If you have been reading recent material about food that is fermentable, you will most likely have come across the idea of a crock.
The grand debate was about mason jars. This has been going on for quite some time.
It is related to whether or not mason jars are a better option than crocks when it comes to making ferment, and whether or not they are a better option than the other way around.
On one side of the argument is whether or not mason jars are safe, while on the other side is whether or not it is suitable.
According to other food experts, mason jars are a more convenient and cost-effective option for people who ferment foods.
I am not able to answer every debating point regarding crock vs. fermenting.
I will try to provide as many answers as possible during the conversation.
Fermentation typically occurs in containers ranging from ceramic crocks to glass jars.
Ceramic and glass are good options because they are food-safe. Plastic is not a safe option because it may leach into the product.
It is hoped that you will be better informed and able to make your own decision.
What Is a Fermentation Crock?
The earliest evidence relating to the making of beer and wine can be dated back thousands of years.
The earliest examples of fermentation crocks might be depicted in the drawings from Ancient Egypt, which show wine being made.
They would have used containers that were made from clay or other ceramics.
The principles of how and why we use the crocks will not differ much from those ancient times, even though the crocks we use today might be made somewhat differently and on a grander scale in terms of numbers.
A fermentation crock is a large ceramic or stoneware jar that is used to ferment food.
Most of the time, these foods will be vegetables, fruits, grains, or legumes, although meat and fish can also be fermented in certain parts of the world.
The round or oval shape of the crocks makes them heavier than other types of containers used for the fermentation of foods.
The amount of ferment that they can make in one sitting is greater because they are larger. The open and water-sealed varieties of the fermentation crock are available.
A cloth is placed over the top of the crock after the food is packed inside, which is covered with a ceramic plate.
With a water-sealed fermentation crock, two semi-circular weights are placed on top of the food, and then a gutter around the top is filled with water before the lid seals everything.
Can You Use Mason Jars for Fermentation?
You can use mason jars for fermenting, but it is a question of whether or not you should use them for it.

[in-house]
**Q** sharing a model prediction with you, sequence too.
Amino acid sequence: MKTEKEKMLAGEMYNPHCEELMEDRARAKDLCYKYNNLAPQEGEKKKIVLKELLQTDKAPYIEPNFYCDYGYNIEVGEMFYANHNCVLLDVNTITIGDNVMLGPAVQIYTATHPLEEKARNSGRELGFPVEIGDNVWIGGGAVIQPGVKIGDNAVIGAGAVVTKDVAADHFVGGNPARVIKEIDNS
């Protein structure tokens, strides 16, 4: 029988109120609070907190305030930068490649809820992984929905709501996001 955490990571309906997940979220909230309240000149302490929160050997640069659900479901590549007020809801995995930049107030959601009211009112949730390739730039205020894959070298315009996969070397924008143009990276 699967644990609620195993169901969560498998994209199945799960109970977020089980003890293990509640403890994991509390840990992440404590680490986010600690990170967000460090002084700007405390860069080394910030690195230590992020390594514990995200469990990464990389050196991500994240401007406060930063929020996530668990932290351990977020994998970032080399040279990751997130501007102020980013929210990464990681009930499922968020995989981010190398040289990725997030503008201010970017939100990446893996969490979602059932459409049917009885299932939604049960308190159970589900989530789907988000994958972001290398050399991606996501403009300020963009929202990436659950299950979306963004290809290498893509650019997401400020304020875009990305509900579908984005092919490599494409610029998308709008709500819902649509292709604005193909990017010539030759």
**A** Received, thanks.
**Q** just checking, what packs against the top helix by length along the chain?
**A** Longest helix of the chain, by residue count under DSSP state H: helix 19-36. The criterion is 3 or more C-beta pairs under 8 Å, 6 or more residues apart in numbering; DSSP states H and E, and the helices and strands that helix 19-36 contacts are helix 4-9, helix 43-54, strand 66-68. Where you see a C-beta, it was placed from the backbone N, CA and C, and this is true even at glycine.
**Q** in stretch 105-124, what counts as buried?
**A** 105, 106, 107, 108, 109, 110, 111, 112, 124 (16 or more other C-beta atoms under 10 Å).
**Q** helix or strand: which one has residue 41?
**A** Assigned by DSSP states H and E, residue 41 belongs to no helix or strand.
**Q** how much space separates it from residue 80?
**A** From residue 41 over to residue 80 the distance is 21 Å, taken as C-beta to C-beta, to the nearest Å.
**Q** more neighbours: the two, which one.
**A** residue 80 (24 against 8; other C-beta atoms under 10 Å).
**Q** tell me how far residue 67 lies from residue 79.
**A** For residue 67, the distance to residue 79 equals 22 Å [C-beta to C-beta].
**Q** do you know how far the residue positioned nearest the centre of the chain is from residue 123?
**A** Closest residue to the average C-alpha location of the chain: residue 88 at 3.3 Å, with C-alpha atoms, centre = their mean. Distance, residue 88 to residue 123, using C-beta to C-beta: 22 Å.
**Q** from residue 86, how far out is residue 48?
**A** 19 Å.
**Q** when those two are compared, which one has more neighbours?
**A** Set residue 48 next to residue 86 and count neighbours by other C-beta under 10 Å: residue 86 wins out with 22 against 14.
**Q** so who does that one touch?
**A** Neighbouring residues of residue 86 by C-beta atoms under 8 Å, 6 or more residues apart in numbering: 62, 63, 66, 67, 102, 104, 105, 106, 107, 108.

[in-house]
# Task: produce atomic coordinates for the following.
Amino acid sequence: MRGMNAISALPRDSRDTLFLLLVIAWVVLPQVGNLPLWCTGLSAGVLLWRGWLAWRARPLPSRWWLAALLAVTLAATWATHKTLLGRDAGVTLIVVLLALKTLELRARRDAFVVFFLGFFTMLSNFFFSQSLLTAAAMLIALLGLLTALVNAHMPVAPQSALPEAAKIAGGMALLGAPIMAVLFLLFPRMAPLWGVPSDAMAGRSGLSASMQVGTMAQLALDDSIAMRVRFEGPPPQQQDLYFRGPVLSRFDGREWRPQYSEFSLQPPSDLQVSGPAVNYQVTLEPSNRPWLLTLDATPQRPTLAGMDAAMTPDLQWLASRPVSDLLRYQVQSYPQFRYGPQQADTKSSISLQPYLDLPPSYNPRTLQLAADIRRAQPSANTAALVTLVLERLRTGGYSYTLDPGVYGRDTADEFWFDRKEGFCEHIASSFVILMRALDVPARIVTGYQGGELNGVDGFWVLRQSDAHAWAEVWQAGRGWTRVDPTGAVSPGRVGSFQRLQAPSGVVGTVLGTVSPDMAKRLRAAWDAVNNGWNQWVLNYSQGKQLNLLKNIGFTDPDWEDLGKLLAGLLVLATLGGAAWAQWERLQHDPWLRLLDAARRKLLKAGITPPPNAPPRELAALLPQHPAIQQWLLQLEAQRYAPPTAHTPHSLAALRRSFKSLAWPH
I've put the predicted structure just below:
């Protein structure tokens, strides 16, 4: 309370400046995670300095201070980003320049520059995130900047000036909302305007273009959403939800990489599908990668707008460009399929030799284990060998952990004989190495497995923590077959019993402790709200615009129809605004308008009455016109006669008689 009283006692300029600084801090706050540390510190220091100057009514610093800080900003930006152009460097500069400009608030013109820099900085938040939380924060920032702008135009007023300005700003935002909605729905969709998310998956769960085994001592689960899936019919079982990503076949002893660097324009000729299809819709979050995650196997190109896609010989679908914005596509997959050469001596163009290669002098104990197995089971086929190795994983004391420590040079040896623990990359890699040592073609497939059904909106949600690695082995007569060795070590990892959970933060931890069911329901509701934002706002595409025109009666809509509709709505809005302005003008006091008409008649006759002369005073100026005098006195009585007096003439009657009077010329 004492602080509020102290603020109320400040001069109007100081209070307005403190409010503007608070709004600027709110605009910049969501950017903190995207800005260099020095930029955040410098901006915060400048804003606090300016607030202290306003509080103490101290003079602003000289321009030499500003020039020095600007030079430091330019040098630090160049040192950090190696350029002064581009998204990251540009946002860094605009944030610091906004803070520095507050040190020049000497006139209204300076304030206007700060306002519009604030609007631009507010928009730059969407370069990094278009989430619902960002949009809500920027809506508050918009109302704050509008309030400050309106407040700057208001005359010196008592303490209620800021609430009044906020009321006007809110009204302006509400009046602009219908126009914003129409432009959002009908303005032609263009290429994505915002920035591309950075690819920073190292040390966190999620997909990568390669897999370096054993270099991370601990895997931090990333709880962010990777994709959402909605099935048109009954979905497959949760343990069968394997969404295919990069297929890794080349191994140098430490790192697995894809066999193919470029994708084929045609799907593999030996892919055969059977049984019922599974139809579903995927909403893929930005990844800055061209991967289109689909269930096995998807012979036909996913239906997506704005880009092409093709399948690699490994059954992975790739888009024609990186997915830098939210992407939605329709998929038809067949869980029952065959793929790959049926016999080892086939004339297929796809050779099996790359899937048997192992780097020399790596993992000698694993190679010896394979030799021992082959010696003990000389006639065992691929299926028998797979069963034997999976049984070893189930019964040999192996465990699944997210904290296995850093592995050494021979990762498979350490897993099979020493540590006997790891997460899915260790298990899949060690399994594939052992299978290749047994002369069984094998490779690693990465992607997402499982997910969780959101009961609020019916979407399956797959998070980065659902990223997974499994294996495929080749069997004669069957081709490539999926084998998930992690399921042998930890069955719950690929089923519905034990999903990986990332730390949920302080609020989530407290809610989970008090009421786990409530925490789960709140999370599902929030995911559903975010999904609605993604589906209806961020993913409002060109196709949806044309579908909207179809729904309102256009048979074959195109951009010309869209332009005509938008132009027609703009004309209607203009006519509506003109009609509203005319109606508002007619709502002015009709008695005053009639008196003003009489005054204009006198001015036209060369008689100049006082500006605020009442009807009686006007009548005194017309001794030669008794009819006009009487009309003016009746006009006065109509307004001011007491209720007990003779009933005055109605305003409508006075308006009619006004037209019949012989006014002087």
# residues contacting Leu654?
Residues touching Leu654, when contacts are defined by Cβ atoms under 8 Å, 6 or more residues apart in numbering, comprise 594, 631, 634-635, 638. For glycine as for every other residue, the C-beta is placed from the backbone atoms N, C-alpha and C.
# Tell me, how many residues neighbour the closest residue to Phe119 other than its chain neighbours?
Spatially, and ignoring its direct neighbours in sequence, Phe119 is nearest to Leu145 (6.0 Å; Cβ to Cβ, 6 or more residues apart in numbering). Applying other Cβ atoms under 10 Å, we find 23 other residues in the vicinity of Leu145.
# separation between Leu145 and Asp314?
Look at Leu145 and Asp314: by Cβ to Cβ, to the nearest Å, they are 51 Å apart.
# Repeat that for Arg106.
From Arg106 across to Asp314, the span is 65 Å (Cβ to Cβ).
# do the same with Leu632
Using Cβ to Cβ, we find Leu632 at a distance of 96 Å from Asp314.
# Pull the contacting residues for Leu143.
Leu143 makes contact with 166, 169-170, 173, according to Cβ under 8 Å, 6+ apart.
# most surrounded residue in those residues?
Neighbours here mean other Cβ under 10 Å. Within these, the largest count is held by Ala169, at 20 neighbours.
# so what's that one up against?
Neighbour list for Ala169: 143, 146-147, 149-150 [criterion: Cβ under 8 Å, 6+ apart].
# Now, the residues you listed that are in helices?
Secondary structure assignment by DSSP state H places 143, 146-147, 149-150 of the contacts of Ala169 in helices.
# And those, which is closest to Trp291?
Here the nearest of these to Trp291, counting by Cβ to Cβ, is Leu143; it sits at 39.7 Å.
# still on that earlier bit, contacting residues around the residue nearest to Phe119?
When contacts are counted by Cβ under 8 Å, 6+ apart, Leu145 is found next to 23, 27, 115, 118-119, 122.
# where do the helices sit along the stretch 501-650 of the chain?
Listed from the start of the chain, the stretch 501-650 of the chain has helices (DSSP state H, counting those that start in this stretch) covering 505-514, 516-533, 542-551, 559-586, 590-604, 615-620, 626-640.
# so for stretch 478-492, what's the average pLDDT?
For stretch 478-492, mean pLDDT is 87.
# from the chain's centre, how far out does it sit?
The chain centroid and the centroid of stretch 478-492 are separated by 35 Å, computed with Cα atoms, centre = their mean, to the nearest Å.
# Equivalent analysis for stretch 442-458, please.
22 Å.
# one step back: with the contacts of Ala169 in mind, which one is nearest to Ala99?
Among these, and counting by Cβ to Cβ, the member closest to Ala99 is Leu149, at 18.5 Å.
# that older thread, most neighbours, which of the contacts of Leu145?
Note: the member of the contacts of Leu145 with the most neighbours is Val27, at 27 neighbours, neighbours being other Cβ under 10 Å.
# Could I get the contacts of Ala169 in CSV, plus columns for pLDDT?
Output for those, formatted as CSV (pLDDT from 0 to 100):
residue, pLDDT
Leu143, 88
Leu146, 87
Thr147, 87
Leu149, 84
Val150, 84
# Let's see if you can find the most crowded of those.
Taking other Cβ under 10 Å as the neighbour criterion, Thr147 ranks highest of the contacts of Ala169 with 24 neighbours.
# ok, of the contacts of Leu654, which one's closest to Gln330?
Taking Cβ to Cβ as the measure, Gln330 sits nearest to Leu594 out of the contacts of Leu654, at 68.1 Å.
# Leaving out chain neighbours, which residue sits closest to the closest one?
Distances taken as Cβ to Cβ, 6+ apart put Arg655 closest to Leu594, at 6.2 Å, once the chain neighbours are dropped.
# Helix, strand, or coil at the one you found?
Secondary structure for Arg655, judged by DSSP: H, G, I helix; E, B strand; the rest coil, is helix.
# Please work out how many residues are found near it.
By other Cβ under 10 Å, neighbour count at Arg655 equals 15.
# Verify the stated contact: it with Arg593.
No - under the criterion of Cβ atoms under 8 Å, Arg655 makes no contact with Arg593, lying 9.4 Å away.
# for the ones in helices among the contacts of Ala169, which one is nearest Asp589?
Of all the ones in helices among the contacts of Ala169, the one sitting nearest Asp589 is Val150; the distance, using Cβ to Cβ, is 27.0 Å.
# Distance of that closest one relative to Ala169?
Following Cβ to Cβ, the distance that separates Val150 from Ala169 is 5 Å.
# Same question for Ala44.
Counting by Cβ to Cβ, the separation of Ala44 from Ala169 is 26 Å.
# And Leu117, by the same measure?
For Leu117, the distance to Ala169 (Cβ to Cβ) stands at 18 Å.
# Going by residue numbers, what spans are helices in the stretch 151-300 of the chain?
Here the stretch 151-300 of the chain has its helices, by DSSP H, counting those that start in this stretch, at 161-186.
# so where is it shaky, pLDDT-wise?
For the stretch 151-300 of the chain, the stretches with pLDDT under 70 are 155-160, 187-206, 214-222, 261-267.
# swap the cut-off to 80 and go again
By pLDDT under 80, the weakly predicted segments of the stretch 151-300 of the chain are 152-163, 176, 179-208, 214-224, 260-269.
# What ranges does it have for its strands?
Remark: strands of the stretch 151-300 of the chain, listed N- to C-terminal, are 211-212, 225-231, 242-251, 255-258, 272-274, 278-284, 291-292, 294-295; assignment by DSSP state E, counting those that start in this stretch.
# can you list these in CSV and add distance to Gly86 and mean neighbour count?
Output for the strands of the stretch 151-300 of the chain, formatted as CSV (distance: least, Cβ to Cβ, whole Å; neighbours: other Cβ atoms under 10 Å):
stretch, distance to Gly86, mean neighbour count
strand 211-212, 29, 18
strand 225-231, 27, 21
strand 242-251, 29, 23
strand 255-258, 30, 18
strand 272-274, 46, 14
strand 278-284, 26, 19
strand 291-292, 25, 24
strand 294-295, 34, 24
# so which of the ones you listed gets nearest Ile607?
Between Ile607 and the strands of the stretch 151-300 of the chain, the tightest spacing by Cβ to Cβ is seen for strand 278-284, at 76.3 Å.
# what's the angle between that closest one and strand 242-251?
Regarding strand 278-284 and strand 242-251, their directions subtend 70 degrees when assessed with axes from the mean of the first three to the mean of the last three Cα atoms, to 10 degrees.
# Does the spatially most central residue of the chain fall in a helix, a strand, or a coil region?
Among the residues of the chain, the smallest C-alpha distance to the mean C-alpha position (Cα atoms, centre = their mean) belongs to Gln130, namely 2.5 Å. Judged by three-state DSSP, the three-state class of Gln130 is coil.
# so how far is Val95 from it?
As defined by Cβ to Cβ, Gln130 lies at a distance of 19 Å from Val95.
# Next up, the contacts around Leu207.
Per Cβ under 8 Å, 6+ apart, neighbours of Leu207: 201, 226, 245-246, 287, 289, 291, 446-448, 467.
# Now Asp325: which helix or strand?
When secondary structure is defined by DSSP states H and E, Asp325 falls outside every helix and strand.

The debate about mason jars is not about their ability but their suitability.
I should take that further because there are people who think that mason jars are unsafe and unsuitable.
They pointed out that because mason jars don’t seal to the same extent as other containers, the fermentation process might be compromised, and harmful mold can grow in them.
However, experts in food technology and fermentation will tell you that any risks highlighted are insignificant and that mason jars are a perfectly safe way to ferment food.
Not only are they safe, but mason jars can be used as an inexpensive and convenient way to ferment.
Some people might be more inclined to ferment their food in mason jars if they have been put off by the higher costs of some fermentable containers.
The jars can be used to store the food in the refrigerator after it has been fermented. Making mason jars even more cost-effective is the fact that they are easy to clean and reuse.
Fermentation Crocks vs. Mason Jars
Water Sealed Fermentation Crocks
- Very easy to use
- Completely closes the inside.
- There isn’t much chance of surface yeasts or mold forming.
- A more constant temperature can be achieved by thicker walls.
- No smell can escape
- The process of stable fermentation makes it more beneficial to the organisms.
- Water must be monitored and topped up.
- It’s hard to pack down the food when there is a narrow opening.
- The container’s price tag is higher than other containers.
Open Fermentation Crocks
- The cost is less than water-sealed fermentation crocks.
- Easy to clean
- Bigger vegetables can fit.
- Some additional weights and lids need to be bought.
- Cloth cover can cause drips to fall onto the floor.
- Low-cost option
- Available from multiple outlets
- Very easy to clean
- Can be stored easily
- Able to be used multiple times
- Suitable for storing foods
- Can be upgraded with fermentation lids
- Limits on size mean capacity are lower.
- Not an airtight seal
- Venting must be done during the process.
I hope this explanation and comparisons have given you a better idea of the arguments behind the crocks.
You are closer to making your decision regarding which is best for you.
With the knowledge that you are likely to have to pay more, your choice could be the more traditional option of a fermentation crock, which offers a greater capacity, and greater levels of airtight seals but with the knowledge that you are likely to have to pay more.
You will have to decide whether you want an open crock or a water-sealed crock as they have different benefits.
You can use mason jars, which are a very convenient and low-cost alternative. You can use the additional benefit to store the foods you’re fermenting.
It is important to know that mason jars have less capacity and don’t provide the same environment as crock can.